The Texas Chainsaw Massacre (1974)
It turns out that the granddaddy of torture-porn and Slasher-poitation, The Texas Chainsaw Massacre, isn’t as exploitive or graphic as its reputation would make you think. It’s actually just some good old fashioned psychological horror, much closer to the economically controlled thrills of Hitchcock than the splatter flicks of Herschell Gordon Lewis. The film is kinda-sorta based on the misdeeds of serial killer Ed Gain (also an inspiration behind the book Psycho), but perhaps more of a direct result of the graphic violence from the Vietnam War seen nightly on television news. The Texas Chainsaw Massacre may have a set-up that now seems overly familiar, but where it goes was wholly original and how it gets there is utterly horrifying. Shot in a docudrama style, its ultra realistic feel makes it seem even more real; it’s like The Battle Of Algiers meets The Hills Have Eyes.
The ultra low budget flick opens with a somber voice-over narration (read by John Larroquette) announcing that the film is all true (and also giving the impression that it’s deeply important). Sally Hardesty (Marilyn Burns) and her group of groovy twenty-something friends in their mystery-machine like van are on their way to visit her rural grandfather’s house. Stupidly they pick up a straight razor wielding loony (Edwin Neal) who should have been the first warning that this is one part of Texas you might be advised to stay out of. Eventually they each make their way to a creepy old farmhouse nearby where they are killed off, except for Sally; as the last survivor she’s in for a long night of terror.
Night Catches Us
The low-budget period piece, Night Catches Us, is a rare kind of film these days - a complex, quiet, adult drama. More rare it’s about black people, and though it’s intense, the intensity comes from the characters' personal torment, not on-screen violence. In a perfect world Night Catches Us would catapult its first time feature director, Tanya Hamilton, as a major new relevant voice in film, but unfortunately there are no robots or superheroes in this story. The two lead performances by Anthony Mackie and Kerry Washington reaffirm their standing as two of the most reliable actors of their generation.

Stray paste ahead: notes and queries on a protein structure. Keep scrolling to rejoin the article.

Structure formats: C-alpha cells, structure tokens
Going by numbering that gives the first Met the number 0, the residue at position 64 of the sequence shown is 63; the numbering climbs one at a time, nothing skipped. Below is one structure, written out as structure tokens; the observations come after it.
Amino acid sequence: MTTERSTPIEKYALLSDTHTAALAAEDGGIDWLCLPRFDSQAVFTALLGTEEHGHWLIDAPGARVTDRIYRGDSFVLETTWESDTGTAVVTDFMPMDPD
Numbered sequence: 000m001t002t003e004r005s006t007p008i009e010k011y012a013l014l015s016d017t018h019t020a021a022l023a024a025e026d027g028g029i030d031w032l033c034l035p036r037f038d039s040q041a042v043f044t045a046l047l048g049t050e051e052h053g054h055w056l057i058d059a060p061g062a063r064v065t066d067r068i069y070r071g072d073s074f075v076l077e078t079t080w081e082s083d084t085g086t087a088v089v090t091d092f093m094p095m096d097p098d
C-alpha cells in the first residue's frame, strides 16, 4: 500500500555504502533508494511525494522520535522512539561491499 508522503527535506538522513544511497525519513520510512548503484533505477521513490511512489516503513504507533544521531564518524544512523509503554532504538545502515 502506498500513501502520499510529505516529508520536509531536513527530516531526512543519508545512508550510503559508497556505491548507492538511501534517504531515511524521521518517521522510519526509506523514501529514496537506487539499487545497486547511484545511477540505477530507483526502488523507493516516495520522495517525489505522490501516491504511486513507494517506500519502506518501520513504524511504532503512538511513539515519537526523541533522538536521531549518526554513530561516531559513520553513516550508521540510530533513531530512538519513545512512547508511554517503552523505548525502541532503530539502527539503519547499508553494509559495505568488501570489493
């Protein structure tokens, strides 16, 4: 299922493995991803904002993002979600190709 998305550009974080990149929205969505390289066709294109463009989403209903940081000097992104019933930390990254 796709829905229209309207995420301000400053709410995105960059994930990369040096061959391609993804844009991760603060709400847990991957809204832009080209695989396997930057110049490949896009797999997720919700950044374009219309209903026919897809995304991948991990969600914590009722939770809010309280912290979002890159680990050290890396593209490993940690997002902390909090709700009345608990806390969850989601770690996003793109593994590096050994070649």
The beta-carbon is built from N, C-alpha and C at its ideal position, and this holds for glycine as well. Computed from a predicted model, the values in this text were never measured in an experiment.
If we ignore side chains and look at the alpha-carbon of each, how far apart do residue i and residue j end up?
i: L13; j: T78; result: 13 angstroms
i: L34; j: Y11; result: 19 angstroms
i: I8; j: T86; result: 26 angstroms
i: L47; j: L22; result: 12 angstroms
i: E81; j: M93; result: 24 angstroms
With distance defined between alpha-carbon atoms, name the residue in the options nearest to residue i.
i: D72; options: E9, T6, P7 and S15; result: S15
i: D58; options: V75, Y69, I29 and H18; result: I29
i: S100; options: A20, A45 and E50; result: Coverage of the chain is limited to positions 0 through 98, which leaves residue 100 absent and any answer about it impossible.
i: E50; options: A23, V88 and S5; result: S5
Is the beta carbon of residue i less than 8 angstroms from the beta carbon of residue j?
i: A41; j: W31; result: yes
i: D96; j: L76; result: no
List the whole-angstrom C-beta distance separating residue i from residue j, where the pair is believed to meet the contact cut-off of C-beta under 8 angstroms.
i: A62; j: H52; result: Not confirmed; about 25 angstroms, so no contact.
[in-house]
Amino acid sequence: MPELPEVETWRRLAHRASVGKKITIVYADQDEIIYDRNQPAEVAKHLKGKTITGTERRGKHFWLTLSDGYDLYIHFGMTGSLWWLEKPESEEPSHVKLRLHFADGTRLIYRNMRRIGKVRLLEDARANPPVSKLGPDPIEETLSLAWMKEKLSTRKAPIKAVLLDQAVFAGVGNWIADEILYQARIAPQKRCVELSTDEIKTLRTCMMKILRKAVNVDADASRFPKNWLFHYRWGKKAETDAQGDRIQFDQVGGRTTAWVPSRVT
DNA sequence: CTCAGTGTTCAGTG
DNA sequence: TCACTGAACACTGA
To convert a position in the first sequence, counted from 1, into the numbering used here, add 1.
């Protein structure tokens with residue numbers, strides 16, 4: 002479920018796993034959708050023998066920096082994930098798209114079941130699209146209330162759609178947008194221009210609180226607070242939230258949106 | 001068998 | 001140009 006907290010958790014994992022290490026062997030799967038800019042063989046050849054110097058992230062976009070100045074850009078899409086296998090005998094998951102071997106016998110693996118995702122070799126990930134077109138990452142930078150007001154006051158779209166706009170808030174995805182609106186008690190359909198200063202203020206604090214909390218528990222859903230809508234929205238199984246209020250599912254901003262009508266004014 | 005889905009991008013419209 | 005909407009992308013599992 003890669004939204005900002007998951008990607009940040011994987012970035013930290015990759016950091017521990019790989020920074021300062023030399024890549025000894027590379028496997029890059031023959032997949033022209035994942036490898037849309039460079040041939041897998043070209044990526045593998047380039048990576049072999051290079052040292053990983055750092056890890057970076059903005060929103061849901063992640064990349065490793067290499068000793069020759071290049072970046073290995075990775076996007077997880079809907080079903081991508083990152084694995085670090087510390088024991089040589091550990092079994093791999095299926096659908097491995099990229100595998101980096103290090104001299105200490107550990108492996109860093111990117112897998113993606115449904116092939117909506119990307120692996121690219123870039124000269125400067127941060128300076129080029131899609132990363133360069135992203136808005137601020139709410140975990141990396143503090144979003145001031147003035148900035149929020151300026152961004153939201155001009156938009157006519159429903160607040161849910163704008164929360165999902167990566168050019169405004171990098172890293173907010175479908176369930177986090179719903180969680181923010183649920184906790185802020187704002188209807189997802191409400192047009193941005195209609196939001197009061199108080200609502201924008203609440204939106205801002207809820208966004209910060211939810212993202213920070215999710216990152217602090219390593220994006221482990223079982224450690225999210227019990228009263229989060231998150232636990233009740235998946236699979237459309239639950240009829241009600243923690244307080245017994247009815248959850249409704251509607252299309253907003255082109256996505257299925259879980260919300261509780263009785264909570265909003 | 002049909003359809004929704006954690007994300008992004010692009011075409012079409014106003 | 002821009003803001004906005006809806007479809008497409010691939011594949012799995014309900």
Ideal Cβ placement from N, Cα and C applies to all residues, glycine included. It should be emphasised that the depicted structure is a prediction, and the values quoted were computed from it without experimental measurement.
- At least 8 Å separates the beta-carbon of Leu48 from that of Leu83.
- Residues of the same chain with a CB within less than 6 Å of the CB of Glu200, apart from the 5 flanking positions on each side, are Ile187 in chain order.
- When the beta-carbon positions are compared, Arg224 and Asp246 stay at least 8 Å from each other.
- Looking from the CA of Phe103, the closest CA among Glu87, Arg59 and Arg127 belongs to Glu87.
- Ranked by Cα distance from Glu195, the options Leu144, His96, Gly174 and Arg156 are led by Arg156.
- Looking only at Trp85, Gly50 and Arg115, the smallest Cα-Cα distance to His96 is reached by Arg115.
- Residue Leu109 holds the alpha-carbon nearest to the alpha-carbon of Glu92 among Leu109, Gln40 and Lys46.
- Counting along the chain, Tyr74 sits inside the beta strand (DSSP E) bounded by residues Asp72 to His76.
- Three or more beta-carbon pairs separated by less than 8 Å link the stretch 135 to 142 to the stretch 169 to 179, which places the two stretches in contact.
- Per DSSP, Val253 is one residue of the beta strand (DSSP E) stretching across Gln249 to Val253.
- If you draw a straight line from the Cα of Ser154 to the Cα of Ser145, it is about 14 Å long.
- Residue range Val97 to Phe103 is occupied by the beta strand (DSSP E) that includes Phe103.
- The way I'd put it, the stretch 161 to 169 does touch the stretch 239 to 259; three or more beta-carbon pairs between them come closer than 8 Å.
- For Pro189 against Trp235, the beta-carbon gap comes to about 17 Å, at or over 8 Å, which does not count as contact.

What happened to the “Movement” and how does that generation of black revolutionaries learn to live in a world after the revolution has fizzled out? The film slowly opens up and unfolds. It’s 1976, after years of being in exile as a snitch, ex-Black Panther Marcus Washington (Mackie) returns to his Philadelphia neighborhood to confront his past. The word on the street was that he got his best friend killed by the cops, which makes him an enemy to the folks in the hood, except that friend’s ex-wife Patricia Wilson (Washington). Also once a radical, she’s now a respectable lawyer raising a daughter as a single mother. She and Marcus seem to have something between them. Is that why her husband was killed? Or are they both just haunted by the death of a man and the loss of a way of life? What's left to fight for or stand for? These are two people lost in the past desperate to find a future. Though they do come together, there are too many ghosts between them to let them really fall in love, which in an Ibsen-like twist is what creates their bond.
Though there’s already been about a dozen since and dozens more to come, Kick-Ass could be considered the final word on the superhero movie; it neatly puts an end to the myth and redefines the genre perfectly. Based on a comic book by Mark Millar and John Romita Jr., and directed by Matthew Vaughn (Layer Cake, X-Men: First Class), Kick-Ass is vivaciously violent and proudly R-rated. It plays as both an action movie and a send-up of the clichés of superheroes and vigilantes flicks. But this is no Hero At Large (a lame John Ritter would-be superhero flick from 1980), though it's humorous and ultra creative, by the end its grim tone moves it closer to the V For Vendetta or even Watchmen heaviness territory.